Do you think you may be our builder? If so, send an email to marketing-at-actuonix-dot-com with some information about yourself. Include links to projects you've built in the past.

Thanks for your time, we're looking forward to working with you!

Wednesday, 8 February 2017

Linear Servo Projects

What are RC Linear Servos

RC linear servos are a plug and play replacement for standard rotary servos. They use the same 3-wire connector as standard rotary servos (power, ground and signal). The difference is that they offer linear motion. They are ideal for a variety of RC applications including sliding airplane canopies, retractable landing gear, air brakes, steering and various lifting functions on excavators, loaders, dozers and other scale equipment.

Why use linear servos

There are a couple of main reasons that hobbyists choose to use RC linear servos in their projects.

1. Rotary motion isn't great for all applications

Rotary servos are great, and can be used to create linear motion but it requires much more engineering to do so. 

2. Higher force

RC linear servos provide more force than can be achieved with a standard hobby servo. The L16-R for example, has an impressive max force of 45lbs depending on the gearing.

3. Simplicity

Some hobbyists just don't want to bother creating complicated linkages and mounts to make a standard servo work for their model. RC linear servos come with a hardware kit and clevises that make it easy to mount on any project.

Linear servo projects

Below are some examples of projects that have been built using Actuonix's line of RC linear servos. 

1. Sliding Plane Canopy

This 79" P40 model plane was built by Lou DiMarco. Wanting to add a realistic touch to the plane, he decided to make the canopy slide back and forth. For this, he used an L12-100-100-6-R linear servo. Lou has built an amazing model here and it's a perfect example of how putting in a little extra effort can really make your model stand out!

2. R2D2

This R2D2 model was built by Douglas Bickert. The attention to detail on this model is amazing. The R2D2 responds to voice commands by Douglas and performs various functions that are driven by Actuonix micro linear servos. This project is a great example of what's possible when you commit to building something truly unique.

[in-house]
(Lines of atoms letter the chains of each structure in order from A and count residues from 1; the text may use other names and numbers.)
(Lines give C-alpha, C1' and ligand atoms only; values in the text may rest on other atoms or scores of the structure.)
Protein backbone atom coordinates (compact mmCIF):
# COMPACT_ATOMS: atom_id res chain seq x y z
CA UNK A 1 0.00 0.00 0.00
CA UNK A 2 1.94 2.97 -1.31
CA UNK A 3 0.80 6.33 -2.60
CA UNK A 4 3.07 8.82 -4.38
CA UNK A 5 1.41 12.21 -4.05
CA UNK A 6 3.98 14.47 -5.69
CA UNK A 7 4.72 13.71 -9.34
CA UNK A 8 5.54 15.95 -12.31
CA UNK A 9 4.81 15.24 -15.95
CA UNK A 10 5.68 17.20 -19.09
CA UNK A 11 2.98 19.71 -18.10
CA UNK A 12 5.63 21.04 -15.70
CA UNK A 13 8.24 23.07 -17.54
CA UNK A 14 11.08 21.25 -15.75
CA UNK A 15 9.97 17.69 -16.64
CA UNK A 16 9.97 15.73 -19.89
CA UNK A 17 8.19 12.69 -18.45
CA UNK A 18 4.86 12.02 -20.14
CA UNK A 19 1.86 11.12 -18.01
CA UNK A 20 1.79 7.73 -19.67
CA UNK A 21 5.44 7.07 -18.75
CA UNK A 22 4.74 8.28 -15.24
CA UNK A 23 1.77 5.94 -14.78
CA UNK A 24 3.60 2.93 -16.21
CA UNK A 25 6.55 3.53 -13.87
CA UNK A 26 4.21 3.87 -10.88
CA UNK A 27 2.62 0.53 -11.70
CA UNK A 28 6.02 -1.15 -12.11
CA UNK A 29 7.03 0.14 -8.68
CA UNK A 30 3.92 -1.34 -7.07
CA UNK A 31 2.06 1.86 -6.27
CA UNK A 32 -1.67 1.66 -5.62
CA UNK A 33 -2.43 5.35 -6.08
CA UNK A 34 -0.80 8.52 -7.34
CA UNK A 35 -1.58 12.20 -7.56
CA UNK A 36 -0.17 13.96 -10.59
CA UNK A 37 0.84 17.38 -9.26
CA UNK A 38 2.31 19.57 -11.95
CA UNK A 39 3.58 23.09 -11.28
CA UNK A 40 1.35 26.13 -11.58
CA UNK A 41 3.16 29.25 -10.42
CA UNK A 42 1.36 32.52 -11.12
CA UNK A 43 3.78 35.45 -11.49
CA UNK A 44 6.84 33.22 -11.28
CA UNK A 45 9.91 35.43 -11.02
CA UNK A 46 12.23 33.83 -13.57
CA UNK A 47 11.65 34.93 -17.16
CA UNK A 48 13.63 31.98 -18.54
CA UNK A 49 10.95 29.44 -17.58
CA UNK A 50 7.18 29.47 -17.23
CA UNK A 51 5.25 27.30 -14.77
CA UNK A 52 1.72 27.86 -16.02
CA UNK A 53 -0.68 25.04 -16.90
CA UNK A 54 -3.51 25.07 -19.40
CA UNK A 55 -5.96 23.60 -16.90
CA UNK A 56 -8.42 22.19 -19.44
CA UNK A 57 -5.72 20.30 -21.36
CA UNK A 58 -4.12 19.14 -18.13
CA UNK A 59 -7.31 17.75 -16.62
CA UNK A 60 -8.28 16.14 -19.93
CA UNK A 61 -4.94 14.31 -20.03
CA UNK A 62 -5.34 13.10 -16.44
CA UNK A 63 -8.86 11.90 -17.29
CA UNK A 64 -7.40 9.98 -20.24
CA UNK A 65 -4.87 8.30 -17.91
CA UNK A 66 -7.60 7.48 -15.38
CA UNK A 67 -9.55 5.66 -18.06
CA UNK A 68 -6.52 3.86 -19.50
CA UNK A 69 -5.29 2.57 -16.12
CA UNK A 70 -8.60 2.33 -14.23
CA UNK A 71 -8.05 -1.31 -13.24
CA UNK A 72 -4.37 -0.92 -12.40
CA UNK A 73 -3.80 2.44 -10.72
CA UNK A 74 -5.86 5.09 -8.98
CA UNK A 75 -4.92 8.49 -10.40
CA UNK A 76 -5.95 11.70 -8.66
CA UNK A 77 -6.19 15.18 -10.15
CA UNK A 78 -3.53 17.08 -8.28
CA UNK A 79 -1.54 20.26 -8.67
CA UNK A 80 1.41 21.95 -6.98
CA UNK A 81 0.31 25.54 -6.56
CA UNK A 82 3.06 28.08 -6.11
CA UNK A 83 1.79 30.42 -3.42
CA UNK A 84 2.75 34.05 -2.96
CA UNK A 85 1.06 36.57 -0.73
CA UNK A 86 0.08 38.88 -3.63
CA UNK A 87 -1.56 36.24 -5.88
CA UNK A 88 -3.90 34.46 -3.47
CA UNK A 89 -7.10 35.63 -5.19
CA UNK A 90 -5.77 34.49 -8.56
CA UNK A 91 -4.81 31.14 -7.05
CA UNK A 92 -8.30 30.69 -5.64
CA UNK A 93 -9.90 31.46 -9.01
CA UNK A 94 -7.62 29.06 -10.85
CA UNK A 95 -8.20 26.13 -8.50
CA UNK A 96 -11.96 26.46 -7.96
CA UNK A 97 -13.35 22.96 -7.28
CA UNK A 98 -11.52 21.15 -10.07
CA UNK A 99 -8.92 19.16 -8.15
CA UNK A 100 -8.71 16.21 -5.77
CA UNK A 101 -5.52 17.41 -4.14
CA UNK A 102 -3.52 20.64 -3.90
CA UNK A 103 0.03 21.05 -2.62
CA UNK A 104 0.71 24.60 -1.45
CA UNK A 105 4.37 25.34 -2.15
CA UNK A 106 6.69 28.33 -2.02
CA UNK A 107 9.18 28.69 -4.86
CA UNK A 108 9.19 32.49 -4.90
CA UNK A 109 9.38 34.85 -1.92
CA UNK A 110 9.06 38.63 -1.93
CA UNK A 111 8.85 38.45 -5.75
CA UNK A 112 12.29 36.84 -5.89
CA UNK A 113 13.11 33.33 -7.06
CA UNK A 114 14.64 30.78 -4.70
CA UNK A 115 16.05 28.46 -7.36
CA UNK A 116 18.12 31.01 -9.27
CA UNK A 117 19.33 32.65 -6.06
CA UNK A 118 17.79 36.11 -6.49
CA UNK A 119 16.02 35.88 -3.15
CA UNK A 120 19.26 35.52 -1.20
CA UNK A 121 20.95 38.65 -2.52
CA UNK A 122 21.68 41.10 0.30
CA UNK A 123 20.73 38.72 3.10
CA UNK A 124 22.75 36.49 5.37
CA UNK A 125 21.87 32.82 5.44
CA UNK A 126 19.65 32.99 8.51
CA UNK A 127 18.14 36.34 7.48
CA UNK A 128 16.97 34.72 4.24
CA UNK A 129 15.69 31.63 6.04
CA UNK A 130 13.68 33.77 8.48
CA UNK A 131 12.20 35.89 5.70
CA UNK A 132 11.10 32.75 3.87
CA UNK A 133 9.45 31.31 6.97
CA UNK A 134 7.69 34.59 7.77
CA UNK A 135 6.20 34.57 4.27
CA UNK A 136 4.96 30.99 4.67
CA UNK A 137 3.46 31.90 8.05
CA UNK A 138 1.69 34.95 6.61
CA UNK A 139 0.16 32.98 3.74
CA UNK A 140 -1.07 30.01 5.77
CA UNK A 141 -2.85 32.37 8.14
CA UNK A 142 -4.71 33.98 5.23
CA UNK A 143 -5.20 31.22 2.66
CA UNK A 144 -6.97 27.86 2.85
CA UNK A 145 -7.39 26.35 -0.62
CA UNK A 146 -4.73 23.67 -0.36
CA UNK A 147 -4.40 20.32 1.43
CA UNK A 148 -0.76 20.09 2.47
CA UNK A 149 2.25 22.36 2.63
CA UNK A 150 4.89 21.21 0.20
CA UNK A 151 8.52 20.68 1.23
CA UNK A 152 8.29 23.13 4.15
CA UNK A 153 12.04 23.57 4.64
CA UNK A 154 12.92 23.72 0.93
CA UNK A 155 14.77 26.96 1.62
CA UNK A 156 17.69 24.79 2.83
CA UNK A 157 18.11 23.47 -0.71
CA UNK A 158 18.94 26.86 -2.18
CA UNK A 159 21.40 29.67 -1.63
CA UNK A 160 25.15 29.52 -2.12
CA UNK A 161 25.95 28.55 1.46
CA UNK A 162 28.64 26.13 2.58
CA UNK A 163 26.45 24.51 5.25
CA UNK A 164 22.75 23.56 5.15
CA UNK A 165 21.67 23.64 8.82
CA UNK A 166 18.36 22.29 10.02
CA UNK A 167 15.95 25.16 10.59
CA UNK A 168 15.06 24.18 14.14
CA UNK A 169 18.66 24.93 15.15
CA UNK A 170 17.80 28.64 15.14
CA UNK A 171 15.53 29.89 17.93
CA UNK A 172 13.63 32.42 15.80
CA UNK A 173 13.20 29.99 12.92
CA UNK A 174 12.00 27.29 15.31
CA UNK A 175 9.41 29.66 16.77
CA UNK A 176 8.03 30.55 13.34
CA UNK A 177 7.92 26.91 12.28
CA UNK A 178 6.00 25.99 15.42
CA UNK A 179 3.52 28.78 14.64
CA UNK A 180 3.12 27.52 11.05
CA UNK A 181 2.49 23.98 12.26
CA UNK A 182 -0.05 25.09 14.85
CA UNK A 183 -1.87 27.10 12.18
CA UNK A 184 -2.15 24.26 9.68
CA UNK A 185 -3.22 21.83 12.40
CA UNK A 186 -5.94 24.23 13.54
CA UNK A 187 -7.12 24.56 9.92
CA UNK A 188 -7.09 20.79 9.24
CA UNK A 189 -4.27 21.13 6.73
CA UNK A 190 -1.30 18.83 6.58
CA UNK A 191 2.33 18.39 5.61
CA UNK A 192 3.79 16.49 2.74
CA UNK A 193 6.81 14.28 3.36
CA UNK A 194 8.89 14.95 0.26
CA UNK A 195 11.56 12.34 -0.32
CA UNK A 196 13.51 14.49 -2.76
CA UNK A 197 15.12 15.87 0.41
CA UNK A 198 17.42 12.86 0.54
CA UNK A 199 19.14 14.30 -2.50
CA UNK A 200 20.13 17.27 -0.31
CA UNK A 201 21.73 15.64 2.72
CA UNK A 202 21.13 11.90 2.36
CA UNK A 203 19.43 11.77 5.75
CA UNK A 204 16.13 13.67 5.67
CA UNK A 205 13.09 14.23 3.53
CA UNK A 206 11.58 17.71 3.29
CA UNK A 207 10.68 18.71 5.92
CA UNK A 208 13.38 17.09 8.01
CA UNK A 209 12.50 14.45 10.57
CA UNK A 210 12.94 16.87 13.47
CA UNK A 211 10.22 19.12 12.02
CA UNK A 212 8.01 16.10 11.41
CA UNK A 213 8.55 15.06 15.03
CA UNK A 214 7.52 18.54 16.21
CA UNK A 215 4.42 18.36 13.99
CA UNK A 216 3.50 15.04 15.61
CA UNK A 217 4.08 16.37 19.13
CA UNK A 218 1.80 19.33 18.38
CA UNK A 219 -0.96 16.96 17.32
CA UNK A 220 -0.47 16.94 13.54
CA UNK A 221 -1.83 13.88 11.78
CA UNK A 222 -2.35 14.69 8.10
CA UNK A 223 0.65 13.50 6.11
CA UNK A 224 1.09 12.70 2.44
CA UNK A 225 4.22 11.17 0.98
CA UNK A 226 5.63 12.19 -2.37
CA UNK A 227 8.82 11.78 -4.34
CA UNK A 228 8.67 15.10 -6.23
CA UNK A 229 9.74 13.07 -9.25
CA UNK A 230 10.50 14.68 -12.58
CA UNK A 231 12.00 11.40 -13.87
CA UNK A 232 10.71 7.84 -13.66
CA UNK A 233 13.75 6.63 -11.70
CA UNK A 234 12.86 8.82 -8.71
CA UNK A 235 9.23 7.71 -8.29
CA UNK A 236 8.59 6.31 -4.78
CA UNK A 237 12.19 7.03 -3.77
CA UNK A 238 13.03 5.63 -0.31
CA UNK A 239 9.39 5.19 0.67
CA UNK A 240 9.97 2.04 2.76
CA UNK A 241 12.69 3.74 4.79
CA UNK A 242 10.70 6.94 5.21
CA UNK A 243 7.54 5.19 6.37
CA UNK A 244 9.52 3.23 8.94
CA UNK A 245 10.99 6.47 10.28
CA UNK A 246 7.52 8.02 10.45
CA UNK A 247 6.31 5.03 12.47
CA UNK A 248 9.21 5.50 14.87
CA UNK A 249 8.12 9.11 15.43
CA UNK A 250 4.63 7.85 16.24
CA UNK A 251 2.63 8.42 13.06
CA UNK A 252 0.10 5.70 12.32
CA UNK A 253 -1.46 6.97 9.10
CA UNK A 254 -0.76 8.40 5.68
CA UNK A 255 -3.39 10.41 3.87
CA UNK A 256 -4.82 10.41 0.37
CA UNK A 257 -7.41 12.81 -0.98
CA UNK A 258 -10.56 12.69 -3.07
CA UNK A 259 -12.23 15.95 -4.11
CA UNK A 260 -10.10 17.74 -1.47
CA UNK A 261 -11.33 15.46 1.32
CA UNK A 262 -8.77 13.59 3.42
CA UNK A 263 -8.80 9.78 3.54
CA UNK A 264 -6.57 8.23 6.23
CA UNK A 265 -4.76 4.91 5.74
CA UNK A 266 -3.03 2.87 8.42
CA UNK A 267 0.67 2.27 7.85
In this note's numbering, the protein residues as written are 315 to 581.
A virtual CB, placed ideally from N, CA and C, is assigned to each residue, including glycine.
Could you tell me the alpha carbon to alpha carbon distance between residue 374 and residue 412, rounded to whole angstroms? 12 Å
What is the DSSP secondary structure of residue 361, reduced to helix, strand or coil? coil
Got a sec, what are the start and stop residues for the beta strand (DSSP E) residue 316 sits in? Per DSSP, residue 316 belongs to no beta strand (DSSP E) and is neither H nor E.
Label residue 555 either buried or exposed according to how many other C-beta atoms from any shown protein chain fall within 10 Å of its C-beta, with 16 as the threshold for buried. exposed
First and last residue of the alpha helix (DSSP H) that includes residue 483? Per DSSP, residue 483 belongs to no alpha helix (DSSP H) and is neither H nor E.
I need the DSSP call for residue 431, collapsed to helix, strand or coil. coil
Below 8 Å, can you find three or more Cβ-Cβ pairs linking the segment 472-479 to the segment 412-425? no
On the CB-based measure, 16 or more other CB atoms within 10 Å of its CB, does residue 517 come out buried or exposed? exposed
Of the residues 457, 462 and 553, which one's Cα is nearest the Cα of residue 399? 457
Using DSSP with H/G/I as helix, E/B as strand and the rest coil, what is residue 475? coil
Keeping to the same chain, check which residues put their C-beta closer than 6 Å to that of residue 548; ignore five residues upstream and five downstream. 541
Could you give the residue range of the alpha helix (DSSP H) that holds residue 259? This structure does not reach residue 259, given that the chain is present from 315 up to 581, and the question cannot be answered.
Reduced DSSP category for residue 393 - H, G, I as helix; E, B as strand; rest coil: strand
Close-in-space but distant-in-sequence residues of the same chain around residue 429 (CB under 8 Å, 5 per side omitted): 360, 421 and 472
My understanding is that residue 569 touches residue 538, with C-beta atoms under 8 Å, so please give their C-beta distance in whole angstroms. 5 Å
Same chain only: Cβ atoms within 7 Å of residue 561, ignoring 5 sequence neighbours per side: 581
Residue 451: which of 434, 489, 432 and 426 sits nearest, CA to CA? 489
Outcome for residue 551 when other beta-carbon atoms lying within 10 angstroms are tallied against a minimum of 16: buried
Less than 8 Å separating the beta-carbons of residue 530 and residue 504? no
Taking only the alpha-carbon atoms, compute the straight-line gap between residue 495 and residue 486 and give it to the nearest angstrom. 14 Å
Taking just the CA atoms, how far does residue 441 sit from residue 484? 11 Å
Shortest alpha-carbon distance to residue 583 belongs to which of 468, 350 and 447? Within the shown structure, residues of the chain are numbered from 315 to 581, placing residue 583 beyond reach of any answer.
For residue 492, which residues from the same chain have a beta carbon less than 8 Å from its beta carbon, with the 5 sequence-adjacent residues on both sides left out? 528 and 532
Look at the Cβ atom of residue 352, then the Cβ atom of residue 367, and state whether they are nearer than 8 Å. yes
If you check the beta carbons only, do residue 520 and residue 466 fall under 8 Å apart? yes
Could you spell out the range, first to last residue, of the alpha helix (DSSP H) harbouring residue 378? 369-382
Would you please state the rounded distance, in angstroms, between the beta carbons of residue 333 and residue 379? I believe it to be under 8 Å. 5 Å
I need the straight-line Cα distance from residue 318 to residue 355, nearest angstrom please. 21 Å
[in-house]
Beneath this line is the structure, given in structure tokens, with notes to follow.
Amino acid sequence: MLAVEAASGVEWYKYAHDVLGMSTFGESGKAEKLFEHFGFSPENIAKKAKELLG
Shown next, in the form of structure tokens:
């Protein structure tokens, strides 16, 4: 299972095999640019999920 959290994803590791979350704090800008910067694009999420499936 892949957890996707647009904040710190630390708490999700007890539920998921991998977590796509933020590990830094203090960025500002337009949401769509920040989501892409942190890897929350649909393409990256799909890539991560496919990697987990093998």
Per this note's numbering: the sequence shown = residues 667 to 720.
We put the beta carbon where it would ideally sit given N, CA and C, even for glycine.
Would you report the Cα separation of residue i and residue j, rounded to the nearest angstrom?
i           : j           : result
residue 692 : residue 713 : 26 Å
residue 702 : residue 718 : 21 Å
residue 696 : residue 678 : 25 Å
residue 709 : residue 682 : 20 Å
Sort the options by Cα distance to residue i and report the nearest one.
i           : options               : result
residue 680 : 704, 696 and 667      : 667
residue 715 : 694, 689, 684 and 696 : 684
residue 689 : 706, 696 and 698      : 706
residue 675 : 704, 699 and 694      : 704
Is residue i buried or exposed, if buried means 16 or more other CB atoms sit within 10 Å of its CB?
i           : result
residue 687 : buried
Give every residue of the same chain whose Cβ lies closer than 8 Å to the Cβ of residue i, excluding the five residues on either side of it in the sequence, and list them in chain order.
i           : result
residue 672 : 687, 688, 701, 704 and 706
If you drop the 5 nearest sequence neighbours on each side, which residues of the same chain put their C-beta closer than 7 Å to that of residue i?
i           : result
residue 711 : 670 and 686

3. RC Excavator

This machine is one of many custom builds by RCP57. Check out his YouTube channel for all of his amazing custom models. This Bruder Cat 320 conversion uses a continuous rotation servo to rotate the top of the machine, while four linear servos lift the boom and stick, as well as the bucket. This is a great example of an application where it just doesn't make sense to use rotary servos as high force is needed.

4. RC Quadcopter Retractable Gear

This Hoverthings VC550 was built by Ian Greig. The retractable landing gear is a custom built addition and is powered by four L12-R linear servos. The ability to retract the gear while in flight makes this model far more impressive.

The world of RC linear servos is rapidly evolving and as new models become available, talented hobbyists like the ones mentioned above find new and interesting ways to use these devices. If you are a hobbyist that needs linear motion for your next project, we offer the widest range of linear servos available.

Our 21 models range in stroke from 20mm through to 200mm and feature maximum forces from 2lbs-40lbs to cover a variety of applications.

Want more information? Check out our popular line of RC linear servos and their specifications here.